WASHINGTON (AP) - Researchers studying specimens from 3,000 people have confirmed a second gene mutation that inhibits the disease progression of HIV, the virus that causes that AIDS.
In a study being published Friday in the journal Science, scientists at the National Cancer Institute said the altered gene, along with one discovered earlier, account for about 30 percent of the long-term survivors of HIV infection. This suggests that still other gene mutations exist that protect against HIV, the researchers said.
The mutation, in a gene called CCR2, tends to protect people infected with the HIV virus from rapid deterioration into AIDS, an advanced stage of the HIV disease. An earlier study identified a protective mutation in a gene called CCR5.
"These gene alterations tell us that nature already has devised a therapy that works without significant side effects," said Stephen O'Brien, a doctoral researcher at the cancer institute and senior author of the study. "If we can pinpoint how these altered genes contain HIV, it may be possible to use this knowledge to develop treatments that help people delay the onset of AIDS."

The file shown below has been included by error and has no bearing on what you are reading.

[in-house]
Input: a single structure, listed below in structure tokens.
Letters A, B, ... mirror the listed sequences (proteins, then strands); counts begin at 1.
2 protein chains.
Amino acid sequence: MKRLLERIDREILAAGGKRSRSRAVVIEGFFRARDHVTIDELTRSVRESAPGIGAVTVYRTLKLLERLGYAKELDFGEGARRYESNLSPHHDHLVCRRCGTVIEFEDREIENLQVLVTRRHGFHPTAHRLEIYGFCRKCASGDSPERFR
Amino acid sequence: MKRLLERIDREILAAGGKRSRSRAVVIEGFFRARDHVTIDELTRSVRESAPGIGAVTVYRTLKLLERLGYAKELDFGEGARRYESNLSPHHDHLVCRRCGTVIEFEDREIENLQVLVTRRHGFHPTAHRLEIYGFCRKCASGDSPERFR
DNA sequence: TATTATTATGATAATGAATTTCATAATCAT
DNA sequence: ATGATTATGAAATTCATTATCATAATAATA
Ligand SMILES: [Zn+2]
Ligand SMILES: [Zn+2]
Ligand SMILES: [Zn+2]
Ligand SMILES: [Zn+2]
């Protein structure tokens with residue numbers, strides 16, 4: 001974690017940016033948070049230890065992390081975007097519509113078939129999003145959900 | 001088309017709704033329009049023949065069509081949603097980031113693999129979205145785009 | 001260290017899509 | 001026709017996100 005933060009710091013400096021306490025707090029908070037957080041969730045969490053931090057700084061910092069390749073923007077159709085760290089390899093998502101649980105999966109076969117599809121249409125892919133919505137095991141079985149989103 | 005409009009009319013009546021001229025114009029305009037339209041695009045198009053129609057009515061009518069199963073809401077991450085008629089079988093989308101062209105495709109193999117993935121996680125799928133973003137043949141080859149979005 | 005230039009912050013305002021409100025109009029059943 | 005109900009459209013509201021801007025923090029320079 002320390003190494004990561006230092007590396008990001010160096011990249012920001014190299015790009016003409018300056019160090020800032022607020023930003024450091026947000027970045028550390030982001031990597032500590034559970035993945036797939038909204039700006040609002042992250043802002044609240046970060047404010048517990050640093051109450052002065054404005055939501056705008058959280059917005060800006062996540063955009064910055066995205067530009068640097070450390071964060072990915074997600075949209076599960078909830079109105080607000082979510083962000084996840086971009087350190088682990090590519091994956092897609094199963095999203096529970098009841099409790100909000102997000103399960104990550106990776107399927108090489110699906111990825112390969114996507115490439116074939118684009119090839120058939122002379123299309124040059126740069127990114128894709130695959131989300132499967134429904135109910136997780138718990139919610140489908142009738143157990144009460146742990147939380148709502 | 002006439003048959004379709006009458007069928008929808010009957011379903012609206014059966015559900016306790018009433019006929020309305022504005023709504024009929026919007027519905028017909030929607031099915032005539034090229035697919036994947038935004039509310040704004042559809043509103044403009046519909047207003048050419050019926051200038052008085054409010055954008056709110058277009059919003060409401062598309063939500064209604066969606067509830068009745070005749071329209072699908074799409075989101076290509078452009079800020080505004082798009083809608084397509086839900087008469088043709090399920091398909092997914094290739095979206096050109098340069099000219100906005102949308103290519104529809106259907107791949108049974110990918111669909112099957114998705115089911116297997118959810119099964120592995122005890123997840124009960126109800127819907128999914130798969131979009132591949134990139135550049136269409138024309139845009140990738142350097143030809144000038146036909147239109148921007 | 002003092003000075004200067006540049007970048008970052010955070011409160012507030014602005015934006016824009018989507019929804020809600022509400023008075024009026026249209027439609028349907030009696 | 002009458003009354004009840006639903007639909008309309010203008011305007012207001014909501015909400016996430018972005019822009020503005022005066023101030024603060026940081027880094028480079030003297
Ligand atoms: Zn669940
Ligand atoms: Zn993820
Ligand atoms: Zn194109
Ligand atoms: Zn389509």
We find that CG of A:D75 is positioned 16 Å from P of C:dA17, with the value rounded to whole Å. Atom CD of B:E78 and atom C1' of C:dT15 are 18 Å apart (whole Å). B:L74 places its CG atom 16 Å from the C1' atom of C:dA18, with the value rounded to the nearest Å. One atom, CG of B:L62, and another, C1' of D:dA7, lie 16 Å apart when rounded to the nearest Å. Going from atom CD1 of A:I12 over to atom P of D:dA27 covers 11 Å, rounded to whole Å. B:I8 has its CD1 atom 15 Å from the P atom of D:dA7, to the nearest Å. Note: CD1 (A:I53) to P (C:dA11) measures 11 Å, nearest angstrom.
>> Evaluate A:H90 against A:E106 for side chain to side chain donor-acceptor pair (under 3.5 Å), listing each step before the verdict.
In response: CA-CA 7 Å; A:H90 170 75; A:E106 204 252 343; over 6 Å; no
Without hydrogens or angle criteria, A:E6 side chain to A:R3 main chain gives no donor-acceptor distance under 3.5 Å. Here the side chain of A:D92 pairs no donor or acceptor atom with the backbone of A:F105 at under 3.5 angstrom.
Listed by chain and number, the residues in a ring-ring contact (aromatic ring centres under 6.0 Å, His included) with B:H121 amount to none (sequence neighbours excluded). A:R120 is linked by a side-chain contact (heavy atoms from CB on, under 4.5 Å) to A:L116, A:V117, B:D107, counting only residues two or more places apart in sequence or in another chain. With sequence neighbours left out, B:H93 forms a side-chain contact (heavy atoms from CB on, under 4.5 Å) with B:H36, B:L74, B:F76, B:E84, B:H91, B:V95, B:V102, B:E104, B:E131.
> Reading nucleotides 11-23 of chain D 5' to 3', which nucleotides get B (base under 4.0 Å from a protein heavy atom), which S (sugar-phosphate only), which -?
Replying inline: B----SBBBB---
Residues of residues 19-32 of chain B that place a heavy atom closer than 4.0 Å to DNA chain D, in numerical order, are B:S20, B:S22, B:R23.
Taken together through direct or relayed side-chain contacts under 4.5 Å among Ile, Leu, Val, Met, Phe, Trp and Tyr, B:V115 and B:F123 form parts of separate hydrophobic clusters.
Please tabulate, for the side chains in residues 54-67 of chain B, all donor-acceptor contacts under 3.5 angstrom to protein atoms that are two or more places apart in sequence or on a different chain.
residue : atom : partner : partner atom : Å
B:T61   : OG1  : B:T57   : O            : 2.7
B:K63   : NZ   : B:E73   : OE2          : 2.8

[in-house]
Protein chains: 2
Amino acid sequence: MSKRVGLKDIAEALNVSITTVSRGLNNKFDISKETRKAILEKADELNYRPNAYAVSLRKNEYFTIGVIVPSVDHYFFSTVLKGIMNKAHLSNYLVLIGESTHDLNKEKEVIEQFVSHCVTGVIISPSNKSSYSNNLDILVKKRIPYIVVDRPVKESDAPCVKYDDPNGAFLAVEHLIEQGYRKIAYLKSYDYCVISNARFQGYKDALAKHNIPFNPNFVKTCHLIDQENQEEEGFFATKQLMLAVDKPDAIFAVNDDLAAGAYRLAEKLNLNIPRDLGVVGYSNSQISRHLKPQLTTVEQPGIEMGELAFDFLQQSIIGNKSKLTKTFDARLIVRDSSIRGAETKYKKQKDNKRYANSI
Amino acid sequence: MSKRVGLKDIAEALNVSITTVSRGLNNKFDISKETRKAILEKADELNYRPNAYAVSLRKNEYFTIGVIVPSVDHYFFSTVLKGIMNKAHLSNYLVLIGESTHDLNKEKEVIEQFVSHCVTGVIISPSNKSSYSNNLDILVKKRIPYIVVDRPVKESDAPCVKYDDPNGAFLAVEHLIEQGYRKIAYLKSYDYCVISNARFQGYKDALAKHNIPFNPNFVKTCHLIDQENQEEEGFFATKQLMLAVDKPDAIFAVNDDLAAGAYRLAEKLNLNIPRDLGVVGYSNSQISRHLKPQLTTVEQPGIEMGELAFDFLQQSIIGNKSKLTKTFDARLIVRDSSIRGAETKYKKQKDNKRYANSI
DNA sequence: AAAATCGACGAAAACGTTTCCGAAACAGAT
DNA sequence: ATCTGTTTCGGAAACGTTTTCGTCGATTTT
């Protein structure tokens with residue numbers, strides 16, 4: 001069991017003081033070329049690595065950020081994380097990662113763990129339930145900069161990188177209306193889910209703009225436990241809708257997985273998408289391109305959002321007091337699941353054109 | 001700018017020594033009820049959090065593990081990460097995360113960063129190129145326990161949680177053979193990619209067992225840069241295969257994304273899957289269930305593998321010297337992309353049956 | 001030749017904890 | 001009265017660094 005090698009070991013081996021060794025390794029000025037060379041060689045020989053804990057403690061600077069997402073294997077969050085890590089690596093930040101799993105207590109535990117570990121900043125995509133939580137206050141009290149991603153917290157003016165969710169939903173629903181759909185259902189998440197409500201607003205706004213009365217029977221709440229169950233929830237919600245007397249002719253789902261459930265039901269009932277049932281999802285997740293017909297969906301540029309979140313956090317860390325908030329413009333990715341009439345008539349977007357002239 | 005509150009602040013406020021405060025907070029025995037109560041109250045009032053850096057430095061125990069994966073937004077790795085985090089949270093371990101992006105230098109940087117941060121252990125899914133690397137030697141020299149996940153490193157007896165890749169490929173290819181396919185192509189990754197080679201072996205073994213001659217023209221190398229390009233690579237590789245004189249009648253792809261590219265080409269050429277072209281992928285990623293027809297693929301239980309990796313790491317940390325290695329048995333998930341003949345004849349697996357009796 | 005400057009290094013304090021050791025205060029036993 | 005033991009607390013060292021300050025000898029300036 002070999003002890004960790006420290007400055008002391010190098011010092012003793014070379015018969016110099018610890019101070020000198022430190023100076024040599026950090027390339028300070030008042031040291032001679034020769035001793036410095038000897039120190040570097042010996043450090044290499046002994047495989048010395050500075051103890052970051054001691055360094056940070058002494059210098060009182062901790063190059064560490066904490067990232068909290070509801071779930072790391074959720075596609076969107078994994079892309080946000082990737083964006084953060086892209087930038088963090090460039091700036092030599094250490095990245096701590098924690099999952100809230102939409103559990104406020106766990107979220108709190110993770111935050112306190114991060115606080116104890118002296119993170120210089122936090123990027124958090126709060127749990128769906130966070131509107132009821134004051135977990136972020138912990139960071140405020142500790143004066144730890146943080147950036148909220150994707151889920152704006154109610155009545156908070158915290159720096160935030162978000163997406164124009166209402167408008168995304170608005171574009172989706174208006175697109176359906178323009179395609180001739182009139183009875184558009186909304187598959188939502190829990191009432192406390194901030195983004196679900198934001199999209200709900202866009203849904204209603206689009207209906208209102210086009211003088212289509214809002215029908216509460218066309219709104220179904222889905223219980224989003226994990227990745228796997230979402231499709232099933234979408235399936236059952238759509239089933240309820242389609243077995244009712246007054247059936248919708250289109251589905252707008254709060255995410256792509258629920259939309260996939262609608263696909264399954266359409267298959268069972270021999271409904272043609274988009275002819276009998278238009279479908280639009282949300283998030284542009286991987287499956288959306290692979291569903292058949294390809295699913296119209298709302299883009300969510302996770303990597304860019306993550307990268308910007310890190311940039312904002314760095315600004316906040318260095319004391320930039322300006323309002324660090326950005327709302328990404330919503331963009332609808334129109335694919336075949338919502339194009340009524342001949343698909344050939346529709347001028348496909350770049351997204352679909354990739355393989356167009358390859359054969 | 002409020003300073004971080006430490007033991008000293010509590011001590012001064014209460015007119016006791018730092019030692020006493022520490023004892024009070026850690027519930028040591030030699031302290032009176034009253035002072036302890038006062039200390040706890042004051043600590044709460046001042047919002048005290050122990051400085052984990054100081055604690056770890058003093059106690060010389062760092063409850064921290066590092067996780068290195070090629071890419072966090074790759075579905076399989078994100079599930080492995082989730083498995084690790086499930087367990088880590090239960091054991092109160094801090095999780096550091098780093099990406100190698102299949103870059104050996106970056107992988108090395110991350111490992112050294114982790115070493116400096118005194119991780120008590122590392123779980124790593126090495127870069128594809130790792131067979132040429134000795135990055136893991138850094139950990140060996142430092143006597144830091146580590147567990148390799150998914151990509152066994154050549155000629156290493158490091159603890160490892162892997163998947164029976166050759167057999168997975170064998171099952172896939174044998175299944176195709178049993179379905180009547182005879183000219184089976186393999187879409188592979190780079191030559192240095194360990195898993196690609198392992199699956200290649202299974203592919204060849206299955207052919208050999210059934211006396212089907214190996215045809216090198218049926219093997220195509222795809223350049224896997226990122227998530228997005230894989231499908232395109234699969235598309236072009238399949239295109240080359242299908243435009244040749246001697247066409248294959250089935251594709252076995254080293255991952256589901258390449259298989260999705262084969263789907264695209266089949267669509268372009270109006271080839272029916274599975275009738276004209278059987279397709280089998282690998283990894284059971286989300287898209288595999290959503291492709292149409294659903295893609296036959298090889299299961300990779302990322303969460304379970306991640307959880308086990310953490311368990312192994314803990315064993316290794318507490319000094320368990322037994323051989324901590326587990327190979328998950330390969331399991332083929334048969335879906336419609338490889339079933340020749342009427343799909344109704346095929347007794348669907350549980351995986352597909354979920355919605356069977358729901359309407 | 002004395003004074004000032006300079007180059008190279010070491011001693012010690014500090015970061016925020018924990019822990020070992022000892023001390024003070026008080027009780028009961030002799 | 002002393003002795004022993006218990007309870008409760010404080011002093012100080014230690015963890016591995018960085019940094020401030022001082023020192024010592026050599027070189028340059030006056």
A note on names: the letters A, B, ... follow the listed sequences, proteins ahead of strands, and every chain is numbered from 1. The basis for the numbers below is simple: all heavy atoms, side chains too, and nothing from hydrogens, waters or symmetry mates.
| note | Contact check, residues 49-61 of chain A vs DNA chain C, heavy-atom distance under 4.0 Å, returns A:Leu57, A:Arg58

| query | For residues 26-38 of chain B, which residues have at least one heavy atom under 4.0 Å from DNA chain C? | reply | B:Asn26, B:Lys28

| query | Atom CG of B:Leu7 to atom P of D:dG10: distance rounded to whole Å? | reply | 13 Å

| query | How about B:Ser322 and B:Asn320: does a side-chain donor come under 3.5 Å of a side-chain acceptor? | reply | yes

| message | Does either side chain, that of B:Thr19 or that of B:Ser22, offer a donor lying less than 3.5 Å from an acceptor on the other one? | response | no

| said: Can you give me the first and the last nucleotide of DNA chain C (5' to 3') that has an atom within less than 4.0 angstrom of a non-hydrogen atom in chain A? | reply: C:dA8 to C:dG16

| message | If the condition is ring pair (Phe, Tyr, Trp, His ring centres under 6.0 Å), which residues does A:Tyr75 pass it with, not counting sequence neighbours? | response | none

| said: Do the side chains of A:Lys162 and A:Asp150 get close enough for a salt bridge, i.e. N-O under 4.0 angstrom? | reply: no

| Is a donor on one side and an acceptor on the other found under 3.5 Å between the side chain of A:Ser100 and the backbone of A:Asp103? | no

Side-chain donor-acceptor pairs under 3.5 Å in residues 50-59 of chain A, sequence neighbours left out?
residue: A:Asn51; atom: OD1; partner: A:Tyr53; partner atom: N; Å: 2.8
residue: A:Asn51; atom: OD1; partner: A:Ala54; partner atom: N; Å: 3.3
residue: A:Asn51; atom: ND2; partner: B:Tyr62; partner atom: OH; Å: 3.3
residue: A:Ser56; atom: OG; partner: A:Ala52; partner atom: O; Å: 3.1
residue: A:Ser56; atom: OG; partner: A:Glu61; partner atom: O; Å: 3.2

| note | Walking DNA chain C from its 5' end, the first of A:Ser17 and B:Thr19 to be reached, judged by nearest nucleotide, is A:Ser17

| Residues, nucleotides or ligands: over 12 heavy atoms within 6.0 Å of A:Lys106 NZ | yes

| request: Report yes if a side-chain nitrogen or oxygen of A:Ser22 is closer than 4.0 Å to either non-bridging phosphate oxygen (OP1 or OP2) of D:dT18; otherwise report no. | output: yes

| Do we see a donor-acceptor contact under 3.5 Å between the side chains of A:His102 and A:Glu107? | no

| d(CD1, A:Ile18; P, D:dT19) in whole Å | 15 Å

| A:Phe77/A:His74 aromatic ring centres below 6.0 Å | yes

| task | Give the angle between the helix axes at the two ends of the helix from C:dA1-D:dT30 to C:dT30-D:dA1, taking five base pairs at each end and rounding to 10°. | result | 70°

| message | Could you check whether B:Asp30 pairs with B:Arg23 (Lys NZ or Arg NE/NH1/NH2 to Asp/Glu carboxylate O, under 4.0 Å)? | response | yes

Both CCR2 and CCR5 are genes that produce chemokine receptors, a group of proteins found on the surface of immune system blood cells. Studies last year showed that people lacking both normal copies of the CCR5 gene do not become infected with HIV despite repeated exposure. Those with one missing copy of the CCR5 gene can become infected but take years longer to progress into AIDS.
Earlier laboratory studies suggested that a CCR2 mutation also retarded HIV infection, but the new study is the first to confirm this in actual clinical studies. The study shows that patients with the CCR2 mutation develop AIDS up to four years later than patients who have the normal CCR2 gene.
The researchers said the CCR2 mutation apparently is present in 20 percent to 25 percent of Americans, in about the same proportion in all races.
Scientists said they are still searching for other mutations to hobble the HIV infection.
"There's bound to be other gene alterations present in the human gene pool that influence HIV's ability to infect immune cells and cause AIDS," said Michael Smith, also a researcher at NCI and the study's lead author. "We just have to find them."
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